The U.S. Federal Reserve is expected to start raising interest rates next month to help contain too-high inflation, New York Federal Reserve Chairman John Williams said Friday.
But he added that rate hikes may not have to start as strong as some have suggested.
With inflation at its highest level in two generations, the Fed is expected to seek to cool the economy by raising its benchmark short-term interest rate from its record low of near zero. , where he has been throughout the pandemic. The only question has been how deep and how fast will it be, as too aggressive an approach could stifle the economy while too cautious could let inflation soar further.
“I personally don’t see any compelling case for taking a big step early,” Williams said following an event at New Jersey City University to discuss the economy and interest rates.
Williams, who is vice-chairman of the committee that sets the Fed’s interest rate policy, said he saw a hike in March as the start of an “evolving” process to bring rates closer to interest to a level where they no longer stimulate the economy. . He also said he expects inflation to fall from its current level due to a confluence of factors including Fed actions and expected improvements in chain bottlenecks. supply. Inflation reached 7.5% in January compared to a year ago.
Williams’ comments were echoed by other Fed officials, who spoke at a policy conference in New York. This support for a steady approach to rate hikes contrasts with previous statements by Federal Reserve Bank of St Louis President James Bullard, who said the Fed should consider a half-point rate hike when one of its next meetings, double its normal increase. His comments rattled Wall Street, which expected a slower rate hike.
Federal Reserve board member Lael Brainard said she expects the Fed at its next meeting in March to “initiate a series of rate hikes.”
Brainard is close to Fed Chairman Jerome Powell and was named vice chairman, the Fed’s No. 2 job.
Krishna Guha, an analyst at investment bank Evercore ISI, said Brainard “largely agrees” with Wall Street’s expectations that the Fed would hike rates six times this year.
She also said the Fed would soon turn to shrinking its huge US$9 trillion balance sheet, which more than doubled during the pandemic due to Fed bond purchases. She said they would likely do that faster than between 2017 and 2019, when they let about $50 billion in bonds mature without replacing them.
Charles Evans, president of the Chicago Fed, said on Friday that the Fed needed to adjust its low interest rate policies, which he called “ill-intentioned.” But he also hinted that the central bank might not have to raise rates sharply this year.
Evans also said the high prices were primarily caused by supply chain disruptions and other factors resulting from the pandemic, and will likely subside in part on their own.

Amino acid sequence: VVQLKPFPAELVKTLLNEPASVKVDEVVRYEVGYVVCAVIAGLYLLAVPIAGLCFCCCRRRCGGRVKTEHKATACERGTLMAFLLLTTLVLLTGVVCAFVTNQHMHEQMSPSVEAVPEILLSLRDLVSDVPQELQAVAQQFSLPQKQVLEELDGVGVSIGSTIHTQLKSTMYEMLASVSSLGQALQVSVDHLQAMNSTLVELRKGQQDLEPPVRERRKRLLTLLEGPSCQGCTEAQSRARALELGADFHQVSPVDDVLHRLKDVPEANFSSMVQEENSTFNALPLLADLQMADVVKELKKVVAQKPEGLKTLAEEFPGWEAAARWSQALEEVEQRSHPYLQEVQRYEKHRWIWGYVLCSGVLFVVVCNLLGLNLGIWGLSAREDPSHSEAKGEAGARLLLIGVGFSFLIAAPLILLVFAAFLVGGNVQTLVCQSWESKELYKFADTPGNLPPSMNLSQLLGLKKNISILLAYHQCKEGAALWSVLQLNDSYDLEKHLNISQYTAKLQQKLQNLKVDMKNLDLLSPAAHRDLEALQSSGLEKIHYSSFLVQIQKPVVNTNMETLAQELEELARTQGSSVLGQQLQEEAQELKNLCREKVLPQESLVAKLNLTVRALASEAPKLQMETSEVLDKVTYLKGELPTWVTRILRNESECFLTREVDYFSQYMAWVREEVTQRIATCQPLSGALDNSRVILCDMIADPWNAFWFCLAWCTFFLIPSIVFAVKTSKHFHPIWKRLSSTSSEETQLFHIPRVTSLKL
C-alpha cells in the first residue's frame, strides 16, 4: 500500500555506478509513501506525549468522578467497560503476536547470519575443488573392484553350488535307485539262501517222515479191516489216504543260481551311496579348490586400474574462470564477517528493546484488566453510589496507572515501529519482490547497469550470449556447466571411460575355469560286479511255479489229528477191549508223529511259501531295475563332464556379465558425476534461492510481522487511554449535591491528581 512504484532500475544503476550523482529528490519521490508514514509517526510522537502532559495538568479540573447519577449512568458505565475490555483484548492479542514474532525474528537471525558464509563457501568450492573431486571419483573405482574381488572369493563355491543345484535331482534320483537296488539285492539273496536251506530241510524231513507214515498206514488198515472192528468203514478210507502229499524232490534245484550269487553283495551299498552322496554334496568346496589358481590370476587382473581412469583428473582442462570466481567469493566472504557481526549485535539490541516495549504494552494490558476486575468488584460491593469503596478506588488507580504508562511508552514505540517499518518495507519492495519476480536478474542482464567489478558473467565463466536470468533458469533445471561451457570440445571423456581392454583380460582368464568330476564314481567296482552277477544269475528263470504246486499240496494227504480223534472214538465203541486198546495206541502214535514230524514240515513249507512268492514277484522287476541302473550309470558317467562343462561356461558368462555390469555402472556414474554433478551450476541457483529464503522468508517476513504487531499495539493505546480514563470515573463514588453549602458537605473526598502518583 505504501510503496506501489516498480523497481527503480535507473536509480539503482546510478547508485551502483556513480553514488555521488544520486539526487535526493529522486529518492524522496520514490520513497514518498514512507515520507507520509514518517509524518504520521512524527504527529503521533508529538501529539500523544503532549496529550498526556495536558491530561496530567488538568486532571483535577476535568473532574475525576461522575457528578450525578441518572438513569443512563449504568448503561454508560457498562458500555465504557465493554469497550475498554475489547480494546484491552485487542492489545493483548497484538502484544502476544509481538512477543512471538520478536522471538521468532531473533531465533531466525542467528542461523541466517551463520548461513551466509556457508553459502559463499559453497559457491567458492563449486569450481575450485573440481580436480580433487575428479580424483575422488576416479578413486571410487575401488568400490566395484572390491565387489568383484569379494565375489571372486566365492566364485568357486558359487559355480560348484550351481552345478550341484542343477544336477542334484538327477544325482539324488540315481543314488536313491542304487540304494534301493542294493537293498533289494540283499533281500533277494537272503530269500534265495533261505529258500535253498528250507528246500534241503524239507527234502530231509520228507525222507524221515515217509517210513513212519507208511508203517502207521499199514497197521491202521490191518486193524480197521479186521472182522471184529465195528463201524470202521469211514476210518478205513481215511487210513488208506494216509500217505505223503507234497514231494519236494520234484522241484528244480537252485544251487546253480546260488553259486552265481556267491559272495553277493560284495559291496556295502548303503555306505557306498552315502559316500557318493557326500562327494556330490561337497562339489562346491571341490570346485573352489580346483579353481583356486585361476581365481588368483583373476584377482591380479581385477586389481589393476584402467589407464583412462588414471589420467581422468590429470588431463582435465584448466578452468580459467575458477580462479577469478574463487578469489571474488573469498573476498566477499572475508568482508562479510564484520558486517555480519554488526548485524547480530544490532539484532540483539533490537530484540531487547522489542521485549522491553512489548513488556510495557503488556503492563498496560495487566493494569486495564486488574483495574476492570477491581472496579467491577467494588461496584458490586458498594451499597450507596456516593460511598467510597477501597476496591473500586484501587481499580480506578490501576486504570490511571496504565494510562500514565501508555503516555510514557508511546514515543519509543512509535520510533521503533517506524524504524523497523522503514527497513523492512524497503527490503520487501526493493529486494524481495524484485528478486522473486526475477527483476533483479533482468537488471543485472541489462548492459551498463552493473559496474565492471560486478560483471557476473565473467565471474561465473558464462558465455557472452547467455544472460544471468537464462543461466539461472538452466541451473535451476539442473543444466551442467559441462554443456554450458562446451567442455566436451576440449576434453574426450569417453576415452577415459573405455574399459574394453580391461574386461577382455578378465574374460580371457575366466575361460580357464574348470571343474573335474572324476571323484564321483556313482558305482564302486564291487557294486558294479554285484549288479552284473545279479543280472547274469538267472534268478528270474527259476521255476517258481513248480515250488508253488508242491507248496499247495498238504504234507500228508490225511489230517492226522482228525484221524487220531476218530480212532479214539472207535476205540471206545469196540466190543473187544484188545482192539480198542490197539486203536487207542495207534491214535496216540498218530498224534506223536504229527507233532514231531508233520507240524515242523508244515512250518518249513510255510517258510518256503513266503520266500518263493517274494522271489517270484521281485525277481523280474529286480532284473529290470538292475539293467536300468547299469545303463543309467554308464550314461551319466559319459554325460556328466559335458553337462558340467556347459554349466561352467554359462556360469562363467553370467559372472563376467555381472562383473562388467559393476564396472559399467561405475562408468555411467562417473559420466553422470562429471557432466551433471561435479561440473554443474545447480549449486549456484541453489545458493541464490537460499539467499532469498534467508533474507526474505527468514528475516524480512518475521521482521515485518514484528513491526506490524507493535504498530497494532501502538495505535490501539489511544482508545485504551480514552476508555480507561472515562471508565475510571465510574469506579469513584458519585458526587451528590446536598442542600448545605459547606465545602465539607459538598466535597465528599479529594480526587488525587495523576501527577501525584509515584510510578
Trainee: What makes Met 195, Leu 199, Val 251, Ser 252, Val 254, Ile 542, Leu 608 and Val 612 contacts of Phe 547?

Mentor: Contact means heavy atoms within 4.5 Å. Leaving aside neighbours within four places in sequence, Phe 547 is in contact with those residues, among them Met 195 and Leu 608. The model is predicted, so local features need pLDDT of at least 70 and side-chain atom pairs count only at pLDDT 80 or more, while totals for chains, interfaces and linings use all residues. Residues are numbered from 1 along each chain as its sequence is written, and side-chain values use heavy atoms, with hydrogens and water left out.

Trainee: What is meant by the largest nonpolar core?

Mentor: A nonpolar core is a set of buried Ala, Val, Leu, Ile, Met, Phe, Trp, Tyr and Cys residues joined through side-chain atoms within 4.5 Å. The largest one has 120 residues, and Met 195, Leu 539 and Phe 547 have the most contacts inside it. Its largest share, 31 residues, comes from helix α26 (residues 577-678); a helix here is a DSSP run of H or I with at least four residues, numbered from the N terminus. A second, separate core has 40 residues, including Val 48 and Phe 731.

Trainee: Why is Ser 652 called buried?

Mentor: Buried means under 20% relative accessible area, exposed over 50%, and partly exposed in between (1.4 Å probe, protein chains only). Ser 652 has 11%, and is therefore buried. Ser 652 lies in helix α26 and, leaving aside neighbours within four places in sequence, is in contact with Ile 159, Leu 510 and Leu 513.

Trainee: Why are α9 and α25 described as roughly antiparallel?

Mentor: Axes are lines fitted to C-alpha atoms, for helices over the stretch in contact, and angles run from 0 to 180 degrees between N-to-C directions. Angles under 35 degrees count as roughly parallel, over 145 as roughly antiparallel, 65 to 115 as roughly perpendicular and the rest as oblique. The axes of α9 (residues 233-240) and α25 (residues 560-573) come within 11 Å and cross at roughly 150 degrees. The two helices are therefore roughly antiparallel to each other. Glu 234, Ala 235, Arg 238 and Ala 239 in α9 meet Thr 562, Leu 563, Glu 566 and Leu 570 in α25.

And given the current strength in the economy, Fed decisions are unlikely to slow hiring as much as interest rate hikes have in the past, Evans added.
Higher rates can contain inflation by slowing down the economy. But they can also cause a recession if they go too high, and they put downward pressure on all kinds of investments, from stock prices to cryptocurrencies.
Wall Street has recently been obsessed with almost every word of Fed officials, hoping to guess how quickly and how much the Fed will act.
The mix of aggressive and moderate comments left traders’ expectations in flux. According to CME Group, traders were only pricing in a 21% chance of such a half-point move on Friday afternoon, down from 49% a week earlier.
Williams said he didn’t want to go into great detail about whether market expectations are in line with his own thinking on interest rate policy.
But he said the broad moves made sense, based on expectations that the Fed would bring its key interest rate closer to normal, like 2% to 2.5% by the end of the month. next year. That’s more than the latest forecast from Fed officials. In December, they had a median projection of 1.6% for the federal funds rate at the end of 2023.
Evans, who generally favors lower interest rates, acknowledged that if inflation remains high throughout this year, more rate hikes may be needed.
Other speakers at the New York conference focused on whether the Fed got it wrong when it adopted its new policy framework in August 2020, which aimed to keep rates low until inflation actually materializes. Previously, the Fed typically raised borrowing costs when the economy was healthy to anticipate any inflation.
Frederick Mishkin, former Fed governor and economist at Columbia University, said the Fed had “made a big mistake” in not raising rates sooner to keep inflation from taking off. Now, Fed officials may have to raise rates much more to get prices level, he added.
Evans, however, defended the Fed’s new policy framework by pointing out that in the past, when the Fed raised rates to anticipate inflation, such moves likely cost many jobs. And in some cases inflation has not materialized.
Following remarks from Williams and Evans, the two-year Treasury fell to 1.46% from 1.49% on Thursday night. It tends to move with expectations regarding Fed rate policy. Stocks and other segments of the bond market also fell on fears of a possible Russian invasion of Ukraine.